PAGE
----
The First Step's a Doozy

It is ironic that 1974, the year that John Michael Greer ascribes to the commencement of our catabolic collapse, corresponds to the emergence of tech entrepreneurs like Bill Gates and Steve Jobs who brought IT into homes, cubicles, and pockets all over the globe. Collapse was taking place in the rust belt industries as silicon became the raw material of choice. The industrial sector giving way to the information sector is not unlike farmers abandoning the plow and moving to the city. It doesn't necessarily indicate impending collapse. Instead, it marks a point when the underlying economic elements of one era have matured to the point where more of the same isn't essential to sustaining society.

Nonetheless, if our industries continue to undergo neglect and decay, the scene could begin to look like a William Gibson novel with all manner of esoteric virtual reality gadgets strewn among the detritus of the Industrial Age.  The SXSW festival itself is something of a virtual reality experience (a vicarious one, at that, for most), this year carting out systems that give kids VR parents, adventurers the bodily experience of flying, and aging queens a magic mirror. As the collapse rumbles along, these small reminders of our former heights of progress will fall out of closets and show up piecemeal in second-hand stores. Their development and entry in the marketplace only serves as a distraction from the reality of rot in the underlying industrial base.
By Bummy Doublez
If catabolic collapse retraces our progress in stages until we become herders and cultivators, the next redux for the U.S. should be industrialism, while we abandon the tech fantasies that have raptured us these past few decades. Perhaps this had something to do with JMG's decision to end his weekly posts on The Archdruid Report. That will probably be the case with this blog in the near future, but I would prefer to have an IT exit strategy that would prioritize and sequence my divorce from electronica.

With Trump getting us back to basics like steel made in America, more coal, and a trillion dollars spent on infrastructure, heavy industry could be somewhat strengthened. Yet, collapse will proceed inexorably, driven by factors modeled in the Limits to Growth study. Though the collapse is worldwide, since ours is such a large portion of the global economic pie, America will have to reverse course on buying extravagantly expensive electronic weapons systems and building the Internet of Things.

The collapse of information networks could come from EMP weapons or from financial disaster. It hardly matters in terms of the end result. In the coming decade, we should expect to lose a century or more of pervasive technological capability following civilization's first major landslide. To many, it will seem like the end of the world.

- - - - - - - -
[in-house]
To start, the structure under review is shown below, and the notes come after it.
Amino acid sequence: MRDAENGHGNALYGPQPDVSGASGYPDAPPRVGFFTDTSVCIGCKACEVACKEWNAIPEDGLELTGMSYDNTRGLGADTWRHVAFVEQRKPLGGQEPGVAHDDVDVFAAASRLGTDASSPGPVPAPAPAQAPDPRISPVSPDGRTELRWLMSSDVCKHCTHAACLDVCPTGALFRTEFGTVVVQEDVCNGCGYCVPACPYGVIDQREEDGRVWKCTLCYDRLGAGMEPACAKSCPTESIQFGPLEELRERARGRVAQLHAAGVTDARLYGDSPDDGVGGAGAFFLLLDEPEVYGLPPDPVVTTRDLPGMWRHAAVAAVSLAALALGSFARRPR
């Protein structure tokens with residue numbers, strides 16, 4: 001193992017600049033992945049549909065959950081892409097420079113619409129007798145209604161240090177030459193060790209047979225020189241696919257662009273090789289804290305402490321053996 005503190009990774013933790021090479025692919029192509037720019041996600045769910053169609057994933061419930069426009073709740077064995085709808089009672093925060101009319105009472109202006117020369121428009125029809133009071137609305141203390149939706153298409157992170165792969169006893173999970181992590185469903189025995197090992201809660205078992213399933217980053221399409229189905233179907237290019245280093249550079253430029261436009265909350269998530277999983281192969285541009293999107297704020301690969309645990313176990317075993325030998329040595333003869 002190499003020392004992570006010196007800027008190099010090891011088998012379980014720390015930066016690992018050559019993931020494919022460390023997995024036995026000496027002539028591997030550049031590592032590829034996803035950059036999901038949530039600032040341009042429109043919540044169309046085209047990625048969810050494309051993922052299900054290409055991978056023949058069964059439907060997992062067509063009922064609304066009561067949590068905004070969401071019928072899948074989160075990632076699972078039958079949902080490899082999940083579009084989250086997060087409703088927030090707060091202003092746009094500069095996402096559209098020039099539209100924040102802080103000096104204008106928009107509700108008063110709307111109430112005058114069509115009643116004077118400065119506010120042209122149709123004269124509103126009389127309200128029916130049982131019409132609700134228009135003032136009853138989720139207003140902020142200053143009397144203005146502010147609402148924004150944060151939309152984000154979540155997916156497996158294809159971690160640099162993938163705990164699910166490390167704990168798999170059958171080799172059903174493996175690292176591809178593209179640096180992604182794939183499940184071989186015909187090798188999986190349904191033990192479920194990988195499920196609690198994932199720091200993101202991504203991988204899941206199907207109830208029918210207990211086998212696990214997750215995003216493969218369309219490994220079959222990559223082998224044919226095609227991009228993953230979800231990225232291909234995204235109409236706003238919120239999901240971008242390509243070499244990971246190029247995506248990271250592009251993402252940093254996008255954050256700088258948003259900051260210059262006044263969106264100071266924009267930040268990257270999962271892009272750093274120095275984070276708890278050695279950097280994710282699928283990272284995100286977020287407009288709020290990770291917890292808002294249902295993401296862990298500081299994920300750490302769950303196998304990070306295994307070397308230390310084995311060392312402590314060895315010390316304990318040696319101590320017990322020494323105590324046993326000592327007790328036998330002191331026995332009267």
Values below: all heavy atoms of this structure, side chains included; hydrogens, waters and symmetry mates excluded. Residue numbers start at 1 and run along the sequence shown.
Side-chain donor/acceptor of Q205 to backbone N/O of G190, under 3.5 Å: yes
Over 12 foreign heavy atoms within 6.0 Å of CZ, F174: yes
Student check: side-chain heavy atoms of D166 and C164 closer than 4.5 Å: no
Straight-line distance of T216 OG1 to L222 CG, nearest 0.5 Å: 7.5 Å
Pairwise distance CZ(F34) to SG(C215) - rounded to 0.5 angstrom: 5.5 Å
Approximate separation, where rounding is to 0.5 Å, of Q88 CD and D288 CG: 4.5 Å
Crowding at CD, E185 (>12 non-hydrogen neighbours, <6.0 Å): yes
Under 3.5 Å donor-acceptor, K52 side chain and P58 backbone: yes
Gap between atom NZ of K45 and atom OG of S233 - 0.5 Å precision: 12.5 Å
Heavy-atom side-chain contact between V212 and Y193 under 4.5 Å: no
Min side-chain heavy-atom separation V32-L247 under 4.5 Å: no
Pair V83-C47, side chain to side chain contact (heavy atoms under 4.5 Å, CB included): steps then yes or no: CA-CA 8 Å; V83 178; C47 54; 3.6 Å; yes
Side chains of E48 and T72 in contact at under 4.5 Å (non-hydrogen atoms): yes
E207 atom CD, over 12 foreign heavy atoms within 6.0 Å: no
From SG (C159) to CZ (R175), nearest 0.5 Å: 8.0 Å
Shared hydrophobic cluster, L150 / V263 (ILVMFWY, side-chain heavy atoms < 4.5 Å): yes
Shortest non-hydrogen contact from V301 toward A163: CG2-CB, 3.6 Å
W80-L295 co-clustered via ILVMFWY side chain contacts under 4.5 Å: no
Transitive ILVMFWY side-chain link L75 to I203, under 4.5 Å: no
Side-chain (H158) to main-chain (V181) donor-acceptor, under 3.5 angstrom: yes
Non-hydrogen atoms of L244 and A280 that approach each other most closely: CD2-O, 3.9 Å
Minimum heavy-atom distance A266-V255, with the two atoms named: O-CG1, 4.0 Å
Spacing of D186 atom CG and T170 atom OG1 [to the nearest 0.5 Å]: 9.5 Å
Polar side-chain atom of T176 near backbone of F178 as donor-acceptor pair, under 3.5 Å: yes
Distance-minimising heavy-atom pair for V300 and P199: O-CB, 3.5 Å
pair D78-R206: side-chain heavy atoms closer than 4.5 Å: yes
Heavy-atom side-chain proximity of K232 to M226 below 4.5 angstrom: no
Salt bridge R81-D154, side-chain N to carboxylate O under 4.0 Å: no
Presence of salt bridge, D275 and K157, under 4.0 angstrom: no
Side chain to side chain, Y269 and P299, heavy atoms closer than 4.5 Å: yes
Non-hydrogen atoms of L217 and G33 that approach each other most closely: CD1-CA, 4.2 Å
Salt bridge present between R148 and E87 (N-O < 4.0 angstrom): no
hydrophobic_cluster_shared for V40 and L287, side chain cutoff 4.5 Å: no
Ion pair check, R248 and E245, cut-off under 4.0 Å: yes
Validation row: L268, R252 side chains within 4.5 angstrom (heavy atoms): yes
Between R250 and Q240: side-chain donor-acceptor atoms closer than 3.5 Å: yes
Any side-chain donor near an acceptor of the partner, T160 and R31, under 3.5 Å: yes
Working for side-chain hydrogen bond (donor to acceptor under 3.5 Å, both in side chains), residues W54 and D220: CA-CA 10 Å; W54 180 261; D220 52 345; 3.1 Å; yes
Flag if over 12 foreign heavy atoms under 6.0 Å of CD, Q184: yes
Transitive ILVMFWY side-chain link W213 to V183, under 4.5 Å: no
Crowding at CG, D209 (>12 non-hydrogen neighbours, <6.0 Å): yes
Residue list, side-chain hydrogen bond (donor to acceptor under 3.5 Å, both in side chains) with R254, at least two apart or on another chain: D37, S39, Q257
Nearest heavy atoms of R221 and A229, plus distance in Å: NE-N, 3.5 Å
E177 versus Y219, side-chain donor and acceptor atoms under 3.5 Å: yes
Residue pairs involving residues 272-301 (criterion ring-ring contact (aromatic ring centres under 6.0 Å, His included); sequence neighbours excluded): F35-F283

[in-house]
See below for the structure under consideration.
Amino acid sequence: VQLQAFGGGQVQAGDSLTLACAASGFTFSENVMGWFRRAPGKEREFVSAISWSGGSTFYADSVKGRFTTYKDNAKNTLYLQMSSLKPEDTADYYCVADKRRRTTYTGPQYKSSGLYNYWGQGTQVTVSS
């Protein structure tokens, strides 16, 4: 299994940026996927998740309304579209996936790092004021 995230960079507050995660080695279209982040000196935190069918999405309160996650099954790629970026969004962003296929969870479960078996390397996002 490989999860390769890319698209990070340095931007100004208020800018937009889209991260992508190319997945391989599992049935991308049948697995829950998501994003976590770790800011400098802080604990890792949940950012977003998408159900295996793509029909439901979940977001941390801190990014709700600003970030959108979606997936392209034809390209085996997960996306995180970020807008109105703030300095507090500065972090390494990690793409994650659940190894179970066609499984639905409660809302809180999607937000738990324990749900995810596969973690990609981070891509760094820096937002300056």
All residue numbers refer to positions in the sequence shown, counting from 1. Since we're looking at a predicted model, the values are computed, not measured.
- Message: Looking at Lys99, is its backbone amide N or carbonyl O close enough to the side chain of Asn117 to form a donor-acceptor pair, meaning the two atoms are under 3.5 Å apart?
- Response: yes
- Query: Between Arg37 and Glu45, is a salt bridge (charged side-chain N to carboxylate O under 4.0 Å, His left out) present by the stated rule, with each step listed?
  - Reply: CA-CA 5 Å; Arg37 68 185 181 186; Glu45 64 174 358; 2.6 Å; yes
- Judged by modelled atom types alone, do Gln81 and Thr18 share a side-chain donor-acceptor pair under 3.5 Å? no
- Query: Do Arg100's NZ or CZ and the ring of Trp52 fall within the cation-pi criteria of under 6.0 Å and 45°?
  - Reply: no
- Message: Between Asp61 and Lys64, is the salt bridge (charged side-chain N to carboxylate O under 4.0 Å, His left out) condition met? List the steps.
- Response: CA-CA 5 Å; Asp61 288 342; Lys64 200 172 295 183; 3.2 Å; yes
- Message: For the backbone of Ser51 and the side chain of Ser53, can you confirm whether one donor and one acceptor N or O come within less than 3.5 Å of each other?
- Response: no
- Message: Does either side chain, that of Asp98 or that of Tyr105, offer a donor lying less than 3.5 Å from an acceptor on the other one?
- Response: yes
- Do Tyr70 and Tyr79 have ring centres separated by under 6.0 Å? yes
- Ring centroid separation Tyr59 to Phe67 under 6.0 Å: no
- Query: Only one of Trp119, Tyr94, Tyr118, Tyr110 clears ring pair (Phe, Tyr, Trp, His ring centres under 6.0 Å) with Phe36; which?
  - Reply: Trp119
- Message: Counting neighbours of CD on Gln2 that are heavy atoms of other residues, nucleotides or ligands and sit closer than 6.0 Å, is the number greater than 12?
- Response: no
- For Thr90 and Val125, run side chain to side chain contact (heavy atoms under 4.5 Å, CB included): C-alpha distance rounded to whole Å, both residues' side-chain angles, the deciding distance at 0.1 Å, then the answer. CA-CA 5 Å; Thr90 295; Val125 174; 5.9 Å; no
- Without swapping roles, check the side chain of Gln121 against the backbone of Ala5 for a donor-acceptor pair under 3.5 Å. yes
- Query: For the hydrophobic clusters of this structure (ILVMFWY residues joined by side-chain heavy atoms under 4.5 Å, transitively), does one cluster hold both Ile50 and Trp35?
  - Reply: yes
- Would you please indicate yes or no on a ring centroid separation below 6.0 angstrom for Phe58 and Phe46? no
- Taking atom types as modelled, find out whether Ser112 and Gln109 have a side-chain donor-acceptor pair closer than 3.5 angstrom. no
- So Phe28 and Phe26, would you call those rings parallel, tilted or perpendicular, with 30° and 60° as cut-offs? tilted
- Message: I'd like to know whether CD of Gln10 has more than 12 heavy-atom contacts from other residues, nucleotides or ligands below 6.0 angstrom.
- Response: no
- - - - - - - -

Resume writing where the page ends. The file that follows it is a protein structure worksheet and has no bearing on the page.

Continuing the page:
In the meantime, the choice of whether we as a people cling to the sophistication of IT while allowing other industries to crumble, is subject to the dictates of Maslow's hierarchy. Maslow's pyramidal hierarchy of needs applies to the relative wealth of society's members. Consumer electronics and ubiquitous cyber communication fit mostly into the top three categories of belonging, esteem, and self-actualization. As the ranks of the middle class thins out, the aspects of electronic communication relevant to belonging and relationships will lose customers. After we collapse into industrialism, demand for high tech toys like 3-D VR bedtime story machines could continue among the elites, while the hoi polloi settle for old fashioned family time. Until then, a growing percentage of people with limited means will come to recognize that face-to-face communications with loved ones is more economical and satisfying than communicating for a fee with virtual friends and strangers.

Greer noted back in 2009 that the Information Age was on borrowed time, mainly because it would not be economically feasible in a time of diminishing resources. With the recent wikileak about the CIA's cyber snooping tools, security looks like another limiting factor. As Admiral Mike Rogers said back in 2014, we have reached a tipping point for cyber security. Electronic information of any kind is becoming less and less secure. This begins to intrude on an even more basic need in Maslow's hierarchy - security. Avoidance may be the best strategy until life becomes a degree simpler for everyone.

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